The tibialis anterior muscles were injured by applying a cold metal bar (5 millimeter spatula pre-cooled in liquid nitrogen) directly to the muscle for 10 seconds. This generated a cryoinjury in the muscle with a discrete border between uninjured and injured muscle, and this border remains clear and distinct during the regeneration of the injured tissue. The skin incision was stitched using silk sutures. Five days later, muscles were dissected, embedded in Tissue Tek O.C.T. compound and placed on a metal plate. The metal plate was then embedded into a bath filled with isopentane, which was placed in a larger bath with liquid nitrogen. The frozen muscles were kept in −70°C. Immunostaining of the cryo sections was performed using anti-embryonic myosin heavy chain (eMHC, a gift from Developmental Studies Hybridoma Bank, University of Iowa). Image analysis of the CSA of myofiber was carried out using Image-Pro Plus software that counts pixels within a close line that overlaps the border of individual myofibers.

Protein Extraction and proteolysis

Tissues were homogenized in 8 M Urea containing 20 mM DTT and 400 mM ammonium bicarbonate. The samples (100 µg each) were reduced with 10 mM DTT (at 60°C for 30 min), modified with 100 mM iodoacetamide in 10 mM ammonium bicarbonate (room temperature for 30 min) and trypsinized in 10 mM ammonium bicarbonate containing trypsin [modified trypsin (Promega)] at a 1∶50 enzyme-to-substrate ratio, overnight at 37°C.

Mass spectrometry analysis

The tryptic peptides were desalted using C18 tips (Harvard Inc.) dried and resuspended in 100 mM Hepes (pH 7.3). The iTRAQ™ Reagents were mixed with ethanol and each one of the reagents was transferred to one sample tube (30∶70 sample∶reagent ratio). Two mutant samples were labeled with 114 and 115 reagents and two wild type samples were labeled with 116 and 117 reagents. The tubes were incubated at room temperature for 1.5 h. All four iTRAQ™ Reagent-labeled samples were combined, cleaned on C18 and resuspended in 0.1% formic acid. 50 µg of the combined labeled peptides were separated by an on-line two-dimensional chromatography experiment (Multidimensional Protein Identification Technology). First the peptides were loaded on 15 mm of BioX-SCX column (LC Packing) and eluted with 10 salt steps of 0, 30, 60, 80,100, 120, 160, 200, 300, 500 mM ammonium formate in 5% acetonitrile and 0.1% formic acid, pH 3. The eluted peptides were further resolved by capillary reverse-phase chromatography (75 µ ID, 20 cm fused silica capillaries, J&W self-packed with 3 µ Reprosil-Aqua C18). The peptides were eluted with linear 85-minutes gradients of 5 to 45% and 15 minutes at 95% acetonitrile with 0.1% formic acid in water at flow rates of 0.25 µl/min. Mass spectrometry was performed by an ion-trap mass spectrometer (OrbitrapXL, Thermo) in a positive mode using repetitively full MS scan followed by collision induced dissociation (CID) and Higher Energy Collision Dissociation (HCD) of the 3 most dominant ions selected from the first MS scan. The mass spectrometry data was analyzed and compared using the Sequest software (Bioworks3.31, Thermo) searching the mouse section of the NR-NCBI database. Quantitative analysis was done using PepQuan (Thermo). The peak intensity of samples labeled with 115, 116 and 117 reagents was normalized to that of the sample that was labeled with the 114 reagent, which was arbitrarily set at 1. The relative level (or fold change) of a protein in the knockin mouse represents the ratio of the average value of the two mutant samples ([114+115]/2) to that of the two wild type samples ([116+117]/2).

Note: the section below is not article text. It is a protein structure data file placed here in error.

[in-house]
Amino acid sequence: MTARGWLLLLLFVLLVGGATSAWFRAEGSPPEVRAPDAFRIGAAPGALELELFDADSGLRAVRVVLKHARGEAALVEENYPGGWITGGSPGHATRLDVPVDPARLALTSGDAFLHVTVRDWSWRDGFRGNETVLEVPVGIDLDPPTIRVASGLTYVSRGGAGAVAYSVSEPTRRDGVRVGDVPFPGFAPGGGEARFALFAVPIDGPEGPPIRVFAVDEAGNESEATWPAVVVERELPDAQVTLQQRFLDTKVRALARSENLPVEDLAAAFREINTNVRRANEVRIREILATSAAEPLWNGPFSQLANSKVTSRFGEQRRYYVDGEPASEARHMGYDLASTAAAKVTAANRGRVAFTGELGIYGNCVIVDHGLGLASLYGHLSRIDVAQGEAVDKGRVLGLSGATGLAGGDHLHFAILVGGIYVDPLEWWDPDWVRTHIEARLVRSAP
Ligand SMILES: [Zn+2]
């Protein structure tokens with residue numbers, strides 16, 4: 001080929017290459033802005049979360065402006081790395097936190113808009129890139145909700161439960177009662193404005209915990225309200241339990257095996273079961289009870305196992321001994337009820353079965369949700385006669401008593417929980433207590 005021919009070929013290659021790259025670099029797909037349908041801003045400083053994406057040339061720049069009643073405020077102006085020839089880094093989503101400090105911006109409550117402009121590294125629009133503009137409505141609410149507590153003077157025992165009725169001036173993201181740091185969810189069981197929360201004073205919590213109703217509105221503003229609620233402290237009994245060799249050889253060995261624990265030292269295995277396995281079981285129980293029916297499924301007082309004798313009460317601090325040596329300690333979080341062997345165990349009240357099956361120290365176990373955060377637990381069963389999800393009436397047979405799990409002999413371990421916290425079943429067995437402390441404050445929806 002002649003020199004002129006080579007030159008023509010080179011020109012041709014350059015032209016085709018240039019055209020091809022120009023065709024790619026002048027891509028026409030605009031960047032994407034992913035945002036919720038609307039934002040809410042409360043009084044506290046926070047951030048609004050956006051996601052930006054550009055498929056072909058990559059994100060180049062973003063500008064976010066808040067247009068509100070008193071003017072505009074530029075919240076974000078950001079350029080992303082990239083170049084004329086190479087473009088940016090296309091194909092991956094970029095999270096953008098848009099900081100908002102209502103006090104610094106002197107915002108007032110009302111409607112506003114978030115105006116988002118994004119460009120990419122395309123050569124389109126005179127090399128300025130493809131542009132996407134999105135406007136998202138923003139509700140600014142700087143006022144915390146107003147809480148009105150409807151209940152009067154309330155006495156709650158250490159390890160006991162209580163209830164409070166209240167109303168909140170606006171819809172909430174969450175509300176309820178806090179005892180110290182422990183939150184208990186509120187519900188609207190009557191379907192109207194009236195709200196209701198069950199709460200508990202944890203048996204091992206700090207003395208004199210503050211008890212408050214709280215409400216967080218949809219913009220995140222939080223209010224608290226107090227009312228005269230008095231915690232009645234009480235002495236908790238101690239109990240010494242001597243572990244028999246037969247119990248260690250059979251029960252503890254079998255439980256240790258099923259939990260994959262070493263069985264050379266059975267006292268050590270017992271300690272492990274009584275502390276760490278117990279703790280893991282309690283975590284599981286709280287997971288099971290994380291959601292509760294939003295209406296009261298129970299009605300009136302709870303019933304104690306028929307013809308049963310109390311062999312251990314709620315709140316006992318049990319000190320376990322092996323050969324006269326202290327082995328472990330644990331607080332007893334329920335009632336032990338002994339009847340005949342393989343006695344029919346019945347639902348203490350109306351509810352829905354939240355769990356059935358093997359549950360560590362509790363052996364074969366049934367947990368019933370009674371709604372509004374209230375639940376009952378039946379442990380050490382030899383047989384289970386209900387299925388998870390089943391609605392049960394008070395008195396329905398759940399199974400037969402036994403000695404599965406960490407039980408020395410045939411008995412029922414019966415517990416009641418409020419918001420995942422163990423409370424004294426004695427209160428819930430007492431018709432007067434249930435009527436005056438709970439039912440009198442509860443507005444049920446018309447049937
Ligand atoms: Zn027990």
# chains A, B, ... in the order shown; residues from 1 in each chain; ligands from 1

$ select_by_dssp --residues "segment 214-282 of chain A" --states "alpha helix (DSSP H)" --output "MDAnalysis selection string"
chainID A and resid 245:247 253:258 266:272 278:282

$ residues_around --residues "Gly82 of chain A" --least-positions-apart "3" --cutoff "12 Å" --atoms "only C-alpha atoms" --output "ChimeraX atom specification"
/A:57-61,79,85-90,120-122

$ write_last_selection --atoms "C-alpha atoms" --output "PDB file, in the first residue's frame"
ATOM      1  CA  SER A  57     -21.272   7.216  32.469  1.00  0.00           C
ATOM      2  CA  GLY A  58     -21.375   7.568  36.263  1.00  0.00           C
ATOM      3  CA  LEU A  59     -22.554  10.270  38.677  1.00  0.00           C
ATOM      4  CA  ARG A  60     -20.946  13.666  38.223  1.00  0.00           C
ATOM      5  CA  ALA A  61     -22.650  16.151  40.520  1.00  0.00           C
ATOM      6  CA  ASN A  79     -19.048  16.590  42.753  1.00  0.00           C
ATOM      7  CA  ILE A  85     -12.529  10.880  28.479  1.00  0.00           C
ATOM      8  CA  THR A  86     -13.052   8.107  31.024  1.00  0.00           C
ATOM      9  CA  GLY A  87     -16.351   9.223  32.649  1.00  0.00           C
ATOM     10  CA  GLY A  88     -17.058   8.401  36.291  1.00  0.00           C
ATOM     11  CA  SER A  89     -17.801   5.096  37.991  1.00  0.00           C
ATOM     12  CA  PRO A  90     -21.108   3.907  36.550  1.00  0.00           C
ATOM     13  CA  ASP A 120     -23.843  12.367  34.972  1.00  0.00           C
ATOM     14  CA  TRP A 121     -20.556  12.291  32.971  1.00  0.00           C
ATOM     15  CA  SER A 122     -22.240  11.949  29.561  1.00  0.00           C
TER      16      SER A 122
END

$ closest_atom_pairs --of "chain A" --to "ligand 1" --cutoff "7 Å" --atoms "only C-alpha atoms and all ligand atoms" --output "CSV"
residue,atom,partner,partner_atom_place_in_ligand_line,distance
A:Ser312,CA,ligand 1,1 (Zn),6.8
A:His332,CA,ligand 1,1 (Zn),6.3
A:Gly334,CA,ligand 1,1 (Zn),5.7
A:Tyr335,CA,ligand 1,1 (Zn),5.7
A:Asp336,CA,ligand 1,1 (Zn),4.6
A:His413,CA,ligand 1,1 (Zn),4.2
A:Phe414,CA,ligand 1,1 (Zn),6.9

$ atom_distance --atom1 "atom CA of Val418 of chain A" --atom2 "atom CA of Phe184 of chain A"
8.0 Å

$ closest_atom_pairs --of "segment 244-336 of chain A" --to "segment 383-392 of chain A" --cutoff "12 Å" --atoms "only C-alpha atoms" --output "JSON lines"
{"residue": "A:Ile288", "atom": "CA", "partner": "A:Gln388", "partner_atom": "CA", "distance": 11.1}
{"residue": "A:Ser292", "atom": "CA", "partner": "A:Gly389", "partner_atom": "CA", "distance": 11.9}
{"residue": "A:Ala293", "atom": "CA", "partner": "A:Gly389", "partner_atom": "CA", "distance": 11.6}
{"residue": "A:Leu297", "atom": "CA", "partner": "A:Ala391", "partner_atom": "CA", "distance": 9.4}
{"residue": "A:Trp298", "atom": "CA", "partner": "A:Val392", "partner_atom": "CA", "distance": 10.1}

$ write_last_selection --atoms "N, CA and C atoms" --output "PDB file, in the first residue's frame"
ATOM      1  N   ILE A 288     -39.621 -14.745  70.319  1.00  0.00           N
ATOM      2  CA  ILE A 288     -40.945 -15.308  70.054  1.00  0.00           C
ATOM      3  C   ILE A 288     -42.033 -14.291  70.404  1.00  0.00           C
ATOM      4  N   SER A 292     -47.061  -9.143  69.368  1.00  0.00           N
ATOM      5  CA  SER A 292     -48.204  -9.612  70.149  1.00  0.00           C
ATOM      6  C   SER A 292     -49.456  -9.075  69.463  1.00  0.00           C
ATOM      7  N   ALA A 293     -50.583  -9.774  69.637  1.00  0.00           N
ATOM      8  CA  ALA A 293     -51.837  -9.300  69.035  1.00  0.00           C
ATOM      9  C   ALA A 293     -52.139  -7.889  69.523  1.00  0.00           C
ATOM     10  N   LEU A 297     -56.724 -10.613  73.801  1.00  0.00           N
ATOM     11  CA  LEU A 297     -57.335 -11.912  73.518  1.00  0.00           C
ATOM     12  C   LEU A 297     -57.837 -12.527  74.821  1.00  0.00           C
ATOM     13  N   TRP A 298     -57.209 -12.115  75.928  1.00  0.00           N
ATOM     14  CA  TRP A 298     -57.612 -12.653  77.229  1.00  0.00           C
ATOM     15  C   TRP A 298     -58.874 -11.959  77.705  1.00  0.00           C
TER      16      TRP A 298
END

Measurements of ATP and phosphocreatine

Hind limb muscles (composed of gastrocnemious, soleus and plantaris) were rapidly removed and frozen in liquid nitrogen. Metabolites were extracted with perchloric acid and the levels of ATP, as well as phosphocreatine (PCr) were determined in neutralized supernatant by coupled enzyme assays [36], [37]. Metabolite levels were normalized to protein concentrations measured on parallel samples [38].

Creatine kinase assay

The activity of creatine kinase was measured in extracts, freshly prepared from hind limb muscle by a coupled enzyme assay [39]. Enzyme activity was normalized to protein concentration.

Western blot analysis

Immunoblotting was performed as described [40], using antibodies against rpS6, 4E-BP, Akt, phospho Akt (Ser473), phospho Akt (Thr308), (Cell Signaling Technology, Beverly, MA, USA). Exposures were chosen so that the chemiluminescent signals were within the linear response of the film and were quantified by ImageMaster VDS (Amersham Pharmacia Biotech).

Mitochondrial analyses

Mitochondria were isolated from hind limb muscle by homogenization followed by differential centrifugation in sucrose [41]. The enzymatic activities of Citrate synthase (CS), rotenone sensitive NADH coenzyme Q reductase (complex I), succinate cytochrome C reductase (complex II+III), succinate dehydrogenase (complex II) and cytochrome C oxidase (complex IV) were determined by standard spectrophotometric assays [42][44], using a UVIKON XS spectrophotometer (SECOMAM, Ales France). Oxygen consumption with glutamate and malate or succinate in the presence of rotenone was performed on freshly isolated mitochondria using a Clark's type oxygen electrode (Hansatech, Norfolk UK). The respiratory control ratio (RCR) was calculated as the ratio of oxygen uptake in the presence and absence of ADP [41].